Fluoride Action Network

Canton Stops Fluoridation – Spurred by College Faculty, Staff & Students

Source: New York State Coalition Opposed to Fluoridation | February 21st, 2003
Location: United States, New York

NEW YORK, Feb. 21 /PRNewswire/ — Village trustees voted, on February 18, 2003, to halt fluoridation in Canton, New York. One hundred and thirty faculty and staff members of Canton’s St. Lawrence University and 300 students petitioned the village trustees to ban fluoride from its water supply, reports the New York State Coalition Opposed to Fluoridation (NYSCOF).

July 2001, fluoridation was discontinued to replace equipment. Residents decided fluoridation should end for good.

The decision caps months of public discussion and research about whether residents’ best interests were served with fluoridation, the intentional addition of cavity-preventing fluoride into water supplies.

Trustee Stephen Putnam, who voted against fluoridation, said he spent much of December and January reading articles about fluoride and was concerned that fluoride accumulates in the bones, particularly for menopausal women who drink fluoridated water over many years, reported the Watertown Daily Times.

Paul Connett, PhD, who led the campaign to rid fluoride from Canton’s tap water said, “An independent review of the literature finds that fluoridation is:

* unethical (medication without patient’s informed consent)
* unnecessary (kids get too much fluoride from many sources)
* ineffective (at best, fluoridation saves less than one tooth surface out of 128 in a child’s mouth)
* unsafe (fluoride accumulation can make bones brittle and joints painful)
* inequitable (the poor cannot afford to avoid it, if desired)
* unscientifically defended (proponents cannot defend the practice in open debate)
* wasteful, literally pouring taxpayer money down the drain.”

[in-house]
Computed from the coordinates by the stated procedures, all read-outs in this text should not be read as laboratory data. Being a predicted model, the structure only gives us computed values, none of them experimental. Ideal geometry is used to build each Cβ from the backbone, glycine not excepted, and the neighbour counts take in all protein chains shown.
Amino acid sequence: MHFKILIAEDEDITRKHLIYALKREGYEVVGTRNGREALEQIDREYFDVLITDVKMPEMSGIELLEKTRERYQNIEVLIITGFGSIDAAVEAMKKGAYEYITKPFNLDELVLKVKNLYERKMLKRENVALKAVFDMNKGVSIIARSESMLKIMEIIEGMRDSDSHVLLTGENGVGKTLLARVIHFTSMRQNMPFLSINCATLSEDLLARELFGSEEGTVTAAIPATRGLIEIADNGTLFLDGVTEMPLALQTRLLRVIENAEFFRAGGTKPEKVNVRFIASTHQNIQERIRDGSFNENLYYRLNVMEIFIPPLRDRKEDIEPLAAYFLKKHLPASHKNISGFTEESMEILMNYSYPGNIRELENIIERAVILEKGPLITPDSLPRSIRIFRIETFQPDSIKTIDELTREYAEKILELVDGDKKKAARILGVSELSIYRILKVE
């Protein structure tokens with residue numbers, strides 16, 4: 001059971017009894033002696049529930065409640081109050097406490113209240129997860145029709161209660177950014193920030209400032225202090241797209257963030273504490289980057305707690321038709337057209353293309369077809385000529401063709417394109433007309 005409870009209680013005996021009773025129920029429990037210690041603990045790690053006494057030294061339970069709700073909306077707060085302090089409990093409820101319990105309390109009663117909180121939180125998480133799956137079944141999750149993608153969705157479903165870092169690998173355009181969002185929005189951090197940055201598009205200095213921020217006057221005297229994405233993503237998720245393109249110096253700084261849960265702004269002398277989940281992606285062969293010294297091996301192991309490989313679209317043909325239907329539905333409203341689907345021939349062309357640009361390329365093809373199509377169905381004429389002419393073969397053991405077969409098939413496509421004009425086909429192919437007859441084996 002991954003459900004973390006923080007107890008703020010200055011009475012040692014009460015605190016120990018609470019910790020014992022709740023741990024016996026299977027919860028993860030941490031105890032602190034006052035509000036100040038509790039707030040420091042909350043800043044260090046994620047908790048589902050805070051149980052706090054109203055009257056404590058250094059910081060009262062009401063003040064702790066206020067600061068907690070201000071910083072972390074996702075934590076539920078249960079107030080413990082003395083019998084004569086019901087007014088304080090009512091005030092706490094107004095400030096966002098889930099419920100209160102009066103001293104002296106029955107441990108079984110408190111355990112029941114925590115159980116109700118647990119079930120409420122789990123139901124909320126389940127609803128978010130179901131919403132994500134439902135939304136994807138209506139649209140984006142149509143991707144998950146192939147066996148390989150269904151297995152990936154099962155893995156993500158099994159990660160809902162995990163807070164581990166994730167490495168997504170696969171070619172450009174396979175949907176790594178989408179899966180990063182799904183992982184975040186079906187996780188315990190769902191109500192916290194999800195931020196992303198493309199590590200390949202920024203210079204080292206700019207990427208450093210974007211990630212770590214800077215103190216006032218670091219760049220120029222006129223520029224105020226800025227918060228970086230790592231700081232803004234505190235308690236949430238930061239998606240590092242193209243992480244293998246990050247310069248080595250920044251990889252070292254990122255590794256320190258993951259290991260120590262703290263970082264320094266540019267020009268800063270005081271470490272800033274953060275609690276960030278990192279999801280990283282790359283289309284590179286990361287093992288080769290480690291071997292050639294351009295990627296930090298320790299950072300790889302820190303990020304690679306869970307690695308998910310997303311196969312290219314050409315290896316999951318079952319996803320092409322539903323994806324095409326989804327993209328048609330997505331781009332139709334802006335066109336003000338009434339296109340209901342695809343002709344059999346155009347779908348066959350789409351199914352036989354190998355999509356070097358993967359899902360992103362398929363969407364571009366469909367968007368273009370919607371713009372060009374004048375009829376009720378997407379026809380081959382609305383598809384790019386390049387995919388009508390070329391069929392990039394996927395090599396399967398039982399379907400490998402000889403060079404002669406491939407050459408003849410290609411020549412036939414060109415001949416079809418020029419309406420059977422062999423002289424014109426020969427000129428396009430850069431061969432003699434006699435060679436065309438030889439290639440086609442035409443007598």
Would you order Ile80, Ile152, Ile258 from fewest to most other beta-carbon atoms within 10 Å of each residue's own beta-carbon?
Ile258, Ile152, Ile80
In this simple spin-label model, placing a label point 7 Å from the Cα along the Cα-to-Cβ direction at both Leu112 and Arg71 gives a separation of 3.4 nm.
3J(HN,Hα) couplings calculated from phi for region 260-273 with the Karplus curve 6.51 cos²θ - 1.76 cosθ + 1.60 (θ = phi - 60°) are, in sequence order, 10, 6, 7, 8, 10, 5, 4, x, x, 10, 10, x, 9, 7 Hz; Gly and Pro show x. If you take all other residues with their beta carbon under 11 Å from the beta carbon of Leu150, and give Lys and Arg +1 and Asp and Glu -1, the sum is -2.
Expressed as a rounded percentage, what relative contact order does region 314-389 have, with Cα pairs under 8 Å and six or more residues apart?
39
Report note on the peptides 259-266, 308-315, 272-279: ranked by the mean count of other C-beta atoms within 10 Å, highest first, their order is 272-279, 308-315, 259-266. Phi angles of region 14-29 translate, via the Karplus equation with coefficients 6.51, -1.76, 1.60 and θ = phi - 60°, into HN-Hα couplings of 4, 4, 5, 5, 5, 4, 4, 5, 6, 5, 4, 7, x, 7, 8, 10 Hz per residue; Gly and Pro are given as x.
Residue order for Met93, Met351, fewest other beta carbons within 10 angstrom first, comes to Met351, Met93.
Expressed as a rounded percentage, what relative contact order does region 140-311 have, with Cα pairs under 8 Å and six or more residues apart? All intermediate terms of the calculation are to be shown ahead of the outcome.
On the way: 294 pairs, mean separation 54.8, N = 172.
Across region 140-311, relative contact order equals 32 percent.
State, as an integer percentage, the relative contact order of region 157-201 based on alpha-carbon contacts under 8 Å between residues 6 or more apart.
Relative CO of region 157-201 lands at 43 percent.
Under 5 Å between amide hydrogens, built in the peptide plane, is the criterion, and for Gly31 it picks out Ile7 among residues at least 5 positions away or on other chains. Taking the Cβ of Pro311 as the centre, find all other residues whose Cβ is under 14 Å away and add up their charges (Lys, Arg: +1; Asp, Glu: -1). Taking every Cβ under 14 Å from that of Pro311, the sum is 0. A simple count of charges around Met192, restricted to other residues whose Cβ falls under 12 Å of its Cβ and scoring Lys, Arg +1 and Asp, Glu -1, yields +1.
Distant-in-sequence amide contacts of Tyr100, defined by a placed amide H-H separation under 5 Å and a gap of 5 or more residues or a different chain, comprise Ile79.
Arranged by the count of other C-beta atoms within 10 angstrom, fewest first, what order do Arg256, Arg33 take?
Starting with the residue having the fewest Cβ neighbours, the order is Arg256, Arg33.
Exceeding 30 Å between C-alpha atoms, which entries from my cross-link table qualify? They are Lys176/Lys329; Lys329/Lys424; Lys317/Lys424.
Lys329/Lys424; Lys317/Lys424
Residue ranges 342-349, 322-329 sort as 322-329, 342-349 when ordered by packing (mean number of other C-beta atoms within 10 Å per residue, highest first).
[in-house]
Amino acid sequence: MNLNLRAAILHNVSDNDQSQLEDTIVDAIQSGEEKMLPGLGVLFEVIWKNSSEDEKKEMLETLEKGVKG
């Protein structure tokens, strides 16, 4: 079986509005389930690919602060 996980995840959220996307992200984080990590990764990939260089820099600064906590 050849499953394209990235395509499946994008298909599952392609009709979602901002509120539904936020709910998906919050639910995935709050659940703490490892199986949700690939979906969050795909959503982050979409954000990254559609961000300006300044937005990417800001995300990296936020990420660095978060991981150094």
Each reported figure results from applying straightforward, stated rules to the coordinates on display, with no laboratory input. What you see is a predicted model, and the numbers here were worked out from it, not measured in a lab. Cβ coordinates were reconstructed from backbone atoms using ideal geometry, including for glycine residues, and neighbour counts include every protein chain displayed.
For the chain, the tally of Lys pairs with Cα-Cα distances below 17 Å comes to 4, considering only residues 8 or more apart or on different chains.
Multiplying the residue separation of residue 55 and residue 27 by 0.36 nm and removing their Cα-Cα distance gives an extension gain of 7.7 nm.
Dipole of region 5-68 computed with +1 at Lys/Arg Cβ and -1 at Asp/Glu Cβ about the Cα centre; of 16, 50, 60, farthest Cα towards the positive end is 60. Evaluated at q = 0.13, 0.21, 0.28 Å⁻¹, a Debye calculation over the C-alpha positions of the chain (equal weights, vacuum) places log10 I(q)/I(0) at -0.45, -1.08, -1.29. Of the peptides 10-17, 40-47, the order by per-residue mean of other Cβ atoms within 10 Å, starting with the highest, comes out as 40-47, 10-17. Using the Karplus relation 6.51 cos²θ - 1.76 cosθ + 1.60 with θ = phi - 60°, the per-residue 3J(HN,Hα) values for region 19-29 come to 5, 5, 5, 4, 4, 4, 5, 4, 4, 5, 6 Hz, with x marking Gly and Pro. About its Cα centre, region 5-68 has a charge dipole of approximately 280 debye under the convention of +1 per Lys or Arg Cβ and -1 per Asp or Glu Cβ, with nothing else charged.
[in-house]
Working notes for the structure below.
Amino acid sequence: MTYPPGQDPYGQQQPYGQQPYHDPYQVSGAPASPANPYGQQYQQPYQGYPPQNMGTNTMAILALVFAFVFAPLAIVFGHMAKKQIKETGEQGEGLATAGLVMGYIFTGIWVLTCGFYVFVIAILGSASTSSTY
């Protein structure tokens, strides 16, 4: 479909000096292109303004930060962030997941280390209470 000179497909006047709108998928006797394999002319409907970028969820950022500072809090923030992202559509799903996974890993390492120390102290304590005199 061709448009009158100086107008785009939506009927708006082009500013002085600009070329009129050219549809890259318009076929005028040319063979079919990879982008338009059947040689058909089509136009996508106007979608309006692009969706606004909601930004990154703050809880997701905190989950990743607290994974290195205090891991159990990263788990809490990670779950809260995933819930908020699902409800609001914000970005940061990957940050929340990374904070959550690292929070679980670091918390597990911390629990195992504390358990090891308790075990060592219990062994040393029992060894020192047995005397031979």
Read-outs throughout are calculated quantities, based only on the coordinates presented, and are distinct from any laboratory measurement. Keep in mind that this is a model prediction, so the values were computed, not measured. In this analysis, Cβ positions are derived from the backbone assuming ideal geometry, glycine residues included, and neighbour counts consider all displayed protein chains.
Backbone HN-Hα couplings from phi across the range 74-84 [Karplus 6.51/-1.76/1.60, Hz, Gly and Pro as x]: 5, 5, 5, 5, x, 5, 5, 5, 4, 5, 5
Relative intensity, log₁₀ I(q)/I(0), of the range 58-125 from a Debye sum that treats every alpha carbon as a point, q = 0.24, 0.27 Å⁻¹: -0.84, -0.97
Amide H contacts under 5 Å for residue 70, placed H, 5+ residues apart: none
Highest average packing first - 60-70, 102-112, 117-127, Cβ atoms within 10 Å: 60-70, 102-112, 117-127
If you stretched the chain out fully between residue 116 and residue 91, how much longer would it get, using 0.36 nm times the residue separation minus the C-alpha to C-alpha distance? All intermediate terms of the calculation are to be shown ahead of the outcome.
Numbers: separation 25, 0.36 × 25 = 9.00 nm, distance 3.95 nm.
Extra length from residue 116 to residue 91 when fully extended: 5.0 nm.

Dr. Connett, Chemistry Professor, St. Lawrence University is also co-founder, Fluoride Action Network, an International Coalition to End Water Fluoridation.

Biochemist and fluoride expert, Hardy Limeback, PhD, DDS, Head of Preventive Dentistry, University of Toronto, drove four hours by car, at his own expense, to give testimony. Once an avid fluoridation promoter, Limeback turned fluoridation opponent when he discovered the:

a) incidence of children’s dental fluorosis (fluoride discolored teeth) has risen sharply,
b) benefits of fluoridation are topical, not systemic (swallowed fluoride does not prevent tooth decay),
c) chemical most used in fluoridation schemes is not pharmaceutical grade, but an industrial waste-product, hexafluorosilicic acid, which the US Environmental Protection Agency admits has never been safety tested.

“People, who had been previously pro-fluoridation, spoke out against it. At a public hearing, two months before the vote, a young local dentist, when asked about the issue, was lukewarm about fluoridation’s benefits. He said words to the effect, ‘If you don’t continue, I don’t think we will have a dental crisis; and, if we continue, I don’t think we will see an end to tooth decay,'” says Connett.

“New York City has temporarily halted fluoridation. We hope City residents take the lead from the people of Canton, New York, and demand their water remain fluoride-free,” says Paul Beeber, President, (NYSCOF).